Visual content has taken over the marketing world. Where a product image used to be a decision-making aid when advertising vacuum models or models in designer shoes, it’s now become an art form in the business world.
Not only are people visual learners, but we’re also the most easily persuaded by our sense of sight. From textures and colors to thoughtful design balancing deliberate and subliminal messaging, companies across all industries are capitalizing on the visual power of their content marketing.
In fact, according to Hubspot’s recent Not Another State of Marketing Report, 70% of companies invest in content marketing which includes visual marketing strategies.
Diving into creating a visual marketing strategy without understanding the pros and cons of the various types of content and sources from which you can draw can be catastrophic. You could invest too much of your marketing budget into visual content with little reward, you might inadvertently give up too much control in order to save a dime, you could even contract yourself into a visual partnership that tarnishes your brand image.
You could also rock it and send your brand sailing toward success!
Let’s start with the basics to consider when looking at these 3 types of visual marketing:
Original branded content includes (but is not limited to) website headers, logos, blog graphics, printed marketing materials, photography, and videos. This type of visual content can be generated internally or outsourced. And it’s arguably the most important visual content you promote. Social Media Examiner revealed 80% of marketers use visual assets in their social media marketing.
It’s important your original visuals consistently represent your brand across all mediums you use to promote your products, goods, and services. This content is essentially your identity.
Depending on where you post, you may be able to swap in some fresh fonts, fun visuals, or accent colors to original content from time to time. However, everyone on your team (and anyone you outsource projects to) should have access to your branding guidelines.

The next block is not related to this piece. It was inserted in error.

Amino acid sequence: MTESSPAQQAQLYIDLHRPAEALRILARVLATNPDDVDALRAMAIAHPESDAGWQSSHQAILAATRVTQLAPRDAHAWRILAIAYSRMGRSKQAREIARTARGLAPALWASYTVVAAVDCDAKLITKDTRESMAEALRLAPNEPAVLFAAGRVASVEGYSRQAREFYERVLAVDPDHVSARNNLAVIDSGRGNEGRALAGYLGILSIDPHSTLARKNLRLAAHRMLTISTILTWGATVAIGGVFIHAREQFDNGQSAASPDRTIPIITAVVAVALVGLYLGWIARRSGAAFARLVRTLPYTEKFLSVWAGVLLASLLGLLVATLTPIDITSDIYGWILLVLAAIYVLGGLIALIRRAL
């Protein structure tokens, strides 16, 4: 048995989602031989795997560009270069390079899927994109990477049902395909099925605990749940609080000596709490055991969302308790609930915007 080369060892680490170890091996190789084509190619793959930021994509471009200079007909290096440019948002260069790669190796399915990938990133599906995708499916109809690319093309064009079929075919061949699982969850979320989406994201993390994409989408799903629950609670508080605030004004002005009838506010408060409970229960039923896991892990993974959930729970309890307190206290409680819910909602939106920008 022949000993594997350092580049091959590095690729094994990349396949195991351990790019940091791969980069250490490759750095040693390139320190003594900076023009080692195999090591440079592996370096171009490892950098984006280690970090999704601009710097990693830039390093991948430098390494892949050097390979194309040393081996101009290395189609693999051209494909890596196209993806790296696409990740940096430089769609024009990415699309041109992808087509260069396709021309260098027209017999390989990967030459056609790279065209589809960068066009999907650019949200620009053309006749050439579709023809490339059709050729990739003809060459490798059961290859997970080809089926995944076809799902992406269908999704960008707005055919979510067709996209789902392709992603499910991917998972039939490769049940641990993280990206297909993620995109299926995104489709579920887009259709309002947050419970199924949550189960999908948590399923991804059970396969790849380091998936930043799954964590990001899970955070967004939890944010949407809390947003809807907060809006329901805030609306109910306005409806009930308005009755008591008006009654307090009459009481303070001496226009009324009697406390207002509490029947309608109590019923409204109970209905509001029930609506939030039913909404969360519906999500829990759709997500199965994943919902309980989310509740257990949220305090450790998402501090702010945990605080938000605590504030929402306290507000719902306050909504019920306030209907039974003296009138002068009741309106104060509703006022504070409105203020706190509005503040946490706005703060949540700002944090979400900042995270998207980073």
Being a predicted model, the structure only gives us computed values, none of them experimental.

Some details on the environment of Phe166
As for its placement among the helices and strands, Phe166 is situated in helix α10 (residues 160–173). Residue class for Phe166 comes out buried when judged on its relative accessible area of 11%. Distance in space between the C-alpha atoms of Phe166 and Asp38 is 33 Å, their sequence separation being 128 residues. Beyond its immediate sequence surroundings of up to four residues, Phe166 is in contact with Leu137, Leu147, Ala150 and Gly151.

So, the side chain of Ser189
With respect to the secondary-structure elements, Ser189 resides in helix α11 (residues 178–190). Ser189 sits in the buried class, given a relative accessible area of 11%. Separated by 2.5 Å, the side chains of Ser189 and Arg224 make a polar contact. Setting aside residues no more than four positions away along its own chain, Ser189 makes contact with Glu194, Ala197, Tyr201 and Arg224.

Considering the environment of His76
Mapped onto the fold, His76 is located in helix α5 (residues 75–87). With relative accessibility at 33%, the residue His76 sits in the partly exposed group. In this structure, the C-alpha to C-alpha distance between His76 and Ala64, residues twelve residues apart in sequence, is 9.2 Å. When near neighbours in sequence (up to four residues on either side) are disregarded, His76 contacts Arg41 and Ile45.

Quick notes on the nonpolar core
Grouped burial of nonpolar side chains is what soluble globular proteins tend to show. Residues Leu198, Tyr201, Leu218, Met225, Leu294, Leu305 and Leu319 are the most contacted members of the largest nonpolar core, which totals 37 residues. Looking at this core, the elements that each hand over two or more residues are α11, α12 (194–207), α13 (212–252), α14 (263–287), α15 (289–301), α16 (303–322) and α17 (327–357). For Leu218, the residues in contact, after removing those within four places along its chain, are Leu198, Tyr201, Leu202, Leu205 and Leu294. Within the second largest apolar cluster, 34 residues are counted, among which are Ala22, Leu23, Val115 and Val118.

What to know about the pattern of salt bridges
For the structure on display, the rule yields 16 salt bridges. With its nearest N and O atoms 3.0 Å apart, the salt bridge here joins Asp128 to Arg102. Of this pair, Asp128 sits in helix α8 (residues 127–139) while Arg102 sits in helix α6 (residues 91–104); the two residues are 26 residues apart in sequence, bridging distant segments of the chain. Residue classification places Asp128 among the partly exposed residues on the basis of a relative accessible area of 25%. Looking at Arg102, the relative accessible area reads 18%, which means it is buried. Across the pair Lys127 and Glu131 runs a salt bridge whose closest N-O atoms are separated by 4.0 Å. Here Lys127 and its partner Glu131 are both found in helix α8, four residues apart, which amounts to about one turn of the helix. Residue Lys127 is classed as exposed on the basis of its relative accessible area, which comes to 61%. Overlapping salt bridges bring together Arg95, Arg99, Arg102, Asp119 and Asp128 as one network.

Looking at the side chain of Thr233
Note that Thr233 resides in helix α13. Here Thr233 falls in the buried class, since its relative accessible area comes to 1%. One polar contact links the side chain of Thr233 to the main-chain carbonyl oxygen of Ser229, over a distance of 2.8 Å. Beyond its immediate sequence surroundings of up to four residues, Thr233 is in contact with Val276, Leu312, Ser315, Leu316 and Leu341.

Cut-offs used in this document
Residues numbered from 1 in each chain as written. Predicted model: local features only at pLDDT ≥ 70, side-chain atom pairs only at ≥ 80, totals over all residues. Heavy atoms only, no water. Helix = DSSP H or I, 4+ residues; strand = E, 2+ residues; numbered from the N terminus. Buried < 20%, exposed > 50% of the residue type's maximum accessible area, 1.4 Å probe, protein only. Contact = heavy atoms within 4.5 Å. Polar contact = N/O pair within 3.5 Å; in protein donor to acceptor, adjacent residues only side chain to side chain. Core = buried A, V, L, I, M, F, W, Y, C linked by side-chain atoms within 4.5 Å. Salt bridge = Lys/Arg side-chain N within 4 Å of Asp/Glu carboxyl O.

You should never sacrifice relatability and recognition for being trendy. Swapping up your logo or brand image too frequently makes your brand seem less reliable.
Originally popular in tourism/travel industries, companies across the web have caught on to the power of consumer-persuasion. This visual content comes directly from consumers. You’ll find these images in reviews, testimonials, and social media.
There are numerous reasons customers create visual content to share online. Some use personal images to verify their purchase so their reviews are taken seriously. Influencers will sometimes voluntarily promote products they try to grow their audience. Many others just like to pass on great products and hacks.
The plus-side is you gain free marketing. The bad news is you have no control over what users are posting. If they are using your product incorrectly or share negative experiences, that information is out there to stay. That’s why it’s critical you track user-generated content and follow up with your customers.
Publicly acknowledge users who post raving reviews to show your appreciation. Contact consumers who share negative reviews to attempt to resolve issues. Staying actively involved in the user experience assures your customers (and potential customers) that your brand cares about them as much as your image.
Paid-for Influencer Marketing
Influencer marketing has become popular as more people take to social media to make a living. Many influencers are successful at building tens of thousands of followers or attracting millions of views, likes, and shares on their content. Identifying influencers whose values align with your brand and getting in front of their audience is kind of like a short-cut to marketing success. But it will cost you.
Social media influencers rely on sponsorship and reimbursement for their promotion of your product or service. This could easily be a one-and-done arrangement, but some influencers will require ongoing kickbacks, similar to royalties, for any business you land as a result of their contribution.
You also need to research carefully when choosing an influencer to promote your goods. They will be associated with your brand for as long as that content exists (maybe longer). Be sure to spell out how long you’re bound to your paid-for agreement and who owns any visual content you collaborate on before signing the dotted line.